“I think just all in all we are competing with older players, and that is absolutely when the experience comes into play,” Hanson said. “The more experienced teams, they didn’t let a lot rattle them, and there is your diamond time and the experience in playing together at a different level.”
With college softball growing exponentially nationwide and in the region of Montana, there is more of an emphasis on recruiting now than in years past.
At state tournaments, there are coaches from Carroll College, the University of Montana and Williston State, among other regional NAIA-sanctioned and NCAA sanctioned college programs.
“I was hoping to see some of the Western colleges,” Hanson said. “Being so close to Missoula, that is the goal is to be able to do some reverse recruiting, and get some of these younger girls and sophomores wanting to play college (softball).”
Players committed to the Polson softball program never stop playing softball year-round to try to make their teams better.
“We’ve got six or seven girls going out to the nationals with the Montana Mustangs,” Hanson said. “It’s great that many of our younger players get to see a lot of talent outside of here. They get a little bit of exposure to several teams in Europe, Arizona, Washington, and some Seattle teams, and it’s good exposure for our players.”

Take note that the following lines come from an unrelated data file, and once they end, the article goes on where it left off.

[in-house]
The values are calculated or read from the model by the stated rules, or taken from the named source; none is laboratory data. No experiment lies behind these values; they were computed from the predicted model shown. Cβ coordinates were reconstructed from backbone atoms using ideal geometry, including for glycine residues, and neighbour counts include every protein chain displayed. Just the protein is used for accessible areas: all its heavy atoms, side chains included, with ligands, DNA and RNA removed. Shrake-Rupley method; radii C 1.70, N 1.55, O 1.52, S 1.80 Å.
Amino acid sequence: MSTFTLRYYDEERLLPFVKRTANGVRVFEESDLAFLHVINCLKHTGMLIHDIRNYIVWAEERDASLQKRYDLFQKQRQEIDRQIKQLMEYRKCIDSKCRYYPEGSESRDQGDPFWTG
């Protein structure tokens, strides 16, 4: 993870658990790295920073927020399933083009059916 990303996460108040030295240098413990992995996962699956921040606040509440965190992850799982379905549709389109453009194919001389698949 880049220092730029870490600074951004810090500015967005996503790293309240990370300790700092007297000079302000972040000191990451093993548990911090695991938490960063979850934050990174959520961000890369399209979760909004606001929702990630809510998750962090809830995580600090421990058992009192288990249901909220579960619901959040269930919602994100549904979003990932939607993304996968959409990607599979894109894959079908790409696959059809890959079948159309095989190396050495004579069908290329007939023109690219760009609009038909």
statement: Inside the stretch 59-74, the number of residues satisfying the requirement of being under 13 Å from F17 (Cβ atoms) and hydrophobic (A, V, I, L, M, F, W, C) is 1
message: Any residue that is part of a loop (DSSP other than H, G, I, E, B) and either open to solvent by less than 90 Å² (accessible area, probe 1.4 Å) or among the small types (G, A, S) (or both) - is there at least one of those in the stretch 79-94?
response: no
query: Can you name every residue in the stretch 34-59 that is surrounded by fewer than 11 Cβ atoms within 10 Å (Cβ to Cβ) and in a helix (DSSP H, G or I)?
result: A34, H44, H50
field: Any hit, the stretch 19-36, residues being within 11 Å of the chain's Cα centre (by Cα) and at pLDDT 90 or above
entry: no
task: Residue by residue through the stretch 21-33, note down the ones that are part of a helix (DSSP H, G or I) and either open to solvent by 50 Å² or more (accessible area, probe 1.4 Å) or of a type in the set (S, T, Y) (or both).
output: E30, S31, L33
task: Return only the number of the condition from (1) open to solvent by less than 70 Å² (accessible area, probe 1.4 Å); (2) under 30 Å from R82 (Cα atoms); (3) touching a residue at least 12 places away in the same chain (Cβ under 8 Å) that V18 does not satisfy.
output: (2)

The Polson softball team continues to move forward in their first year without Mission Valley legend Larry Smith guiding the team.
The Lady Pirates, are working on building a second-wave dynasty, as the all of these teams continue to build the second generation of the Polson dynasty.
The Lady Pirates continues to build their program in attempt to win the first Montana High School Association championship since 2012.
The Lady Pirates finished second losing to Belgrade, a team that will be joining the MHSA double-A classification, at the start of the spring of 2020.
Last season, the Pirates finished second in the MHSA Class A softball tournament, and they look to build upon that momentum they established headed into the 2020 spring season.